It has been found that few educators actually take seriously the formal assessments parents obtain of a child s enhanced cognitive potential (Roedell, 1989; Silverman, 1991). Parents are more often than not met with patronizing re-assurances about the school's capabilities, misleading statements about children's developmental characteristics, or untrue un·true
adj. un·tru·er, un·tru·est
1. Contrary to fact; false.
2. Deviating from a standard; not straight, even, level, or exact.
3. Disloyal; unfaithful. statements concerning parental belief systems about their children (Roedell, 1989; Silverman, 1991, 1993). Some find themselves having to accept blame for a child's behaviors, such as perfectionism per·fec·tion·ism
A tendency to set rigid high standards of personal performance.
per·fection·ist adj. & n. or under-achievement (Silverman, 1986). Silverman has alluded to the impact of these experiences on parents of CHIP as the stress of being discounted, adding that Parents of disabled children do not receive this kind of treatment (1993, p. 151).
Families and counseling services. Another of the criteria of family functionality is an ability to recognize the need for outside help and support at times of particular difficulty (Hampson, Hulgus, Beavers and Beavers, 1988; Stinnet and De Frain, 1989).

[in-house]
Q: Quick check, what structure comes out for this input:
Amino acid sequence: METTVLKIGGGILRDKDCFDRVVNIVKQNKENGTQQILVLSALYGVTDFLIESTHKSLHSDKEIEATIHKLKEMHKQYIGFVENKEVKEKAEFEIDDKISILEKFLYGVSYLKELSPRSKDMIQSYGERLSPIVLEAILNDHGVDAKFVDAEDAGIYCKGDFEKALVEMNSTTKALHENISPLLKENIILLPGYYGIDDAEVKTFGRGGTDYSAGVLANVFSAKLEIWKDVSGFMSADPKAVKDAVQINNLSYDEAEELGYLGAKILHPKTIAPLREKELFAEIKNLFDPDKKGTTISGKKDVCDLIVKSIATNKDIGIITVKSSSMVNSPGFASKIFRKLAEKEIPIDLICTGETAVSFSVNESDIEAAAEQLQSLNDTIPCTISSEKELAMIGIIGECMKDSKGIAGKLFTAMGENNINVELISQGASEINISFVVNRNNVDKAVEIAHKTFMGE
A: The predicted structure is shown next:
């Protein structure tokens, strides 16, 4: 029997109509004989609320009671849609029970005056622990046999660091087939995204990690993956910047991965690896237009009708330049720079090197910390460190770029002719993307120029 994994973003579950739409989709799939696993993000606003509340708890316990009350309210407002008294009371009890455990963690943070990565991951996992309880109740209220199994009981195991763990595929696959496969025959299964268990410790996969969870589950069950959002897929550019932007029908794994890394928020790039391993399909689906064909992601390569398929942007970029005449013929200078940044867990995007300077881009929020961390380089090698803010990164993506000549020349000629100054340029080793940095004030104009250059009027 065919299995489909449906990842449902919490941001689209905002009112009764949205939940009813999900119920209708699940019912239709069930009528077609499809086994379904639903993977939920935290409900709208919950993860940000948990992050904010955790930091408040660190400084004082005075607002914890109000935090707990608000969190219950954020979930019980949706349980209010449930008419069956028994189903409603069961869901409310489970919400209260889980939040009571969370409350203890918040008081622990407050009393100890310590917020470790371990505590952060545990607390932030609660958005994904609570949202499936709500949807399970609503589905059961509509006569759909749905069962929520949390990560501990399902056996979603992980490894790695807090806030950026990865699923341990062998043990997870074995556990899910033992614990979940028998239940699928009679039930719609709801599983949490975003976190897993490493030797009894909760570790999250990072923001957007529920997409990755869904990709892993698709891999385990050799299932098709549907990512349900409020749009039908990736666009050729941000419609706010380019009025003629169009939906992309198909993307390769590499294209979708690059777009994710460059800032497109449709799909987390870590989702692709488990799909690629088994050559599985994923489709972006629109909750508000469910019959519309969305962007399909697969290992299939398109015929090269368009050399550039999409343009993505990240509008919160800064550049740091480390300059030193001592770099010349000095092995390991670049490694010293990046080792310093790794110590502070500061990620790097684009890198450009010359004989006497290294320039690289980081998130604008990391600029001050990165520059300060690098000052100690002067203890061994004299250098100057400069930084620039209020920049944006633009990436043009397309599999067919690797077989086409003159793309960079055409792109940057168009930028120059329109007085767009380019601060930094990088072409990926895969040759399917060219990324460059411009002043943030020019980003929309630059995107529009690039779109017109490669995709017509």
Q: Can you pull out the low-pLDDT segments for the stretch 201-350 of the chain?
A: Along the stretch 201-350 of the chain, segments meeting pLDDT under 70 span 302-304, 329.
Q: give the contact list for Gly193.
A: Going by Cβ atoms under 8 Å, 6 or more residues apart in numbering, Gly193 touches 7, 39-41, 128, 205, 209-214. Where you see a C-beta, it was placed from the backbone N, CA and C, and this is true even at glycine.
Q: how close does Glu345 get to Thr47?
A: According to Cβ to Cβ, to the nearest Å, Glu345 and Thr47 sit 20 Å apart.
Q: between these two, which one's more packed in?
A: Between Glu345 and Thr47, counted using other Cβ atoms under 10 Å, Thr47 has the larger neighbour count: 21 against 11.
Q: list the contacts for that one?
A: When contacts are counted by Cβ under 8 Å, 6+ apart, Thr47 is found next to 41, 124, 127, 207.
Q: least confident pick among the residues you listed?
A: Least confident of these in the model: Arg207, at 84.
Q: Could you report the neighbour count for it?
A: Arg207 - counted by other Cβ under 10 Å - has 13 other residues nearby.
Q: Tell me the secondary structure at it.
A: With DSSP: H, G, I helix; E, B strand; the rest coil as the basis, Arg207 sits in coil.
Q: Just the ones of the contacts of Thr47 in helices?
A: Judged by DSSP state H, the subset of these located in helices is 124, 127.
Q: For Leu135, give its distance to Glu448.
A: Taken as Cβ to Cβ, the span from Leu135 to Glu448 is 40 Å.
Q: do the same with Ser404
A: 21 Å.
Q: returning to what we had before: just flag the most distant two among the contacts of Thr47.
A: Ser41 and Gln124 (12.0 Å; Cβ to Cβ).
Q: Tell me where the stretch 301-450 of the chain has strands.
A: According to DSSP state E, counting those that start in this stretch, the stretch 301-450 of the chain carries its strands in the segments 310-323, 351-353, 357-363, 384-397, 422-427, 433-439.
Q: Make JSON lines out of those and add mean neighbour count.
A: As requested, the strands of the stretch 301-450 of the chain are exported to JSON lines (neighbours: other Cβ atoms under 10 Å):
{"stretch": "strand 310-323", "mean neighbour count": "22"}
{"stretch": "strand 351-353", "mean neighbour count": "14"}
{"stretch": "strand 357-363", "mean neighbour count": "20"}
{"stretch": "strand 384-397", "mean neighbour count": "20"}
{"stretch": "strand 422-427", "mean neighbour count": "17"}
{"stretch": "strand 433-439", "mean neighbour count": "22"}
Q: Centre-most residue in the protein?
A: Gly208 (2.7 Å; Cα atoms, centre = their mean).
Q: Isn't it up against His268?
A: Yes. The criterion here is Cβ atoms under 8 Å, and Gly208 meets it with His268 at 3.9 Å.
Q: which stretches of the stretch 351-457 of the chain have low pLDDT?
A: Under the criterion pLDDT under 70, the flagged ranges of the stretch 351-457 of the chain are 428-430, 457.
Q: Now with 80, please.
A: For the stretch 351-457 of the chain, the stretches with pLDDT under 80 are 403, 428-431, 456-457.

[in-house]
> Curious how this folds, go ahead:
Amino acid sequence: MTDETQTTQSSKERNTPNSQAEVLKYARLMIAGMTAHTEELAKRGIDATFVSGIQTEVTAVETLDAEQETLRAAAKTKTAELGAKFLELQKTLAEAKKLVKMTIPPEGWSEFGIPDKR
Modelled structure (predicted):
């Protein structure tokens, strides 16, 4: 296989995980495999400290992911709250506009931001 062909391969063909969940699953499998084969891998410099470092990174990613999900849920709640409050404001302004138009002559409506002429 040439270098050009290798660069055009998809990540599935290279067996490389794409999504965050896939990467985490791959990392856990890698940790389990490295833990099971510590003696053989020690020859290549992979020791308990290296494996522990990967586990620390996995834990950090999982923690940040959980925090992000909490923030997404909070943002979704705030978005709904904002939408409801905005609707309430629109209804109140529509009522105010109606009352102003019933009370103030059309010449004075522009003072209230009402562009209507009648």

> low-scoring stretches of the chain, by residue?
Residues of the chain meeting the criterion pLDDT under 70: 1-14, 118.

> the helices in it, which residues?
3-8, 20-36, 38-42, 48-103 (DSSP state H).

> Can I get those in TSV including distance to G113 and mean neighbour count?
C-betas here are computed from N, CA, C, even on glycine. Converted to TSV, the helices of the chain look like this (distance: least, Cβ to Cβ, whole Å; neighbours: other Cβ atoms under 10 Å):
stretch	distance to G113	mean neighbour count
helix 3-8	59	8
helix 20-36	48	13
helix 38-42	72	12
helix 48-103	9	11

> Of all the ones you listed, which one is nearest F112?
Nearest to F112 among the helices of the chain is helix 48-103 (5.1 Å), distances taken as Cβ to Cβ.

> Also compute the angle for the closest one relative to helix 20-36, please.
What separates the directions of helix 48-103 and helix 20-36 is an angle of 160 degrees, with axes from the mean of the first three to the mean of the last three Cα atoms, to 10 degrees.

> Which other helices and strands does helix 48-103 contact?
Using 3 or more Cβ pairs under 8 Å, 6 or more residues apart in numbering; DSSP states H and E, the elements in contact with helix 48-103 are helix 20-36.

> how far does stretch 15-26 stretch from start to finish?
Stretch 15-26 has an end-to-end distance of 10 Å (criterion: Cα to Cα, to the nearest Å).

There is considerable anecdotal evidence anecdotal evidence,
n information obtained from personal accounts, examples, and observations. Usually not considered scientifically valid but may indicate areas for further investigation and research. to indicate that the identification of a child as intellectually gifted does not predict a positive response from parents. Confusion is commonly reported (Dirks Dirks, as a person, may refer to:
thin plus obvious diminution in abdominal size, indicative of reduced feed intake leading to reduced gut fill. , 1989; Silverman, 1986).
Frey and Wendorf's (1985) study of 24 families of intellectually gifted children is from the clinical literature. They found that even within the group of families in therapy labeled nonclinical (n=13), the parent-school-child system was not regarded as consistently satisfactory. Dissatisfaction with the school had produced a significant amount of conflict (p.798). The authors also noted that even where families had praise for their children's school, it appeared predicated on a sense of relief that the pressure had been removed from the family, rather than on how effectively the school was working with the child.
In his invitational in·vi·ta·tion·al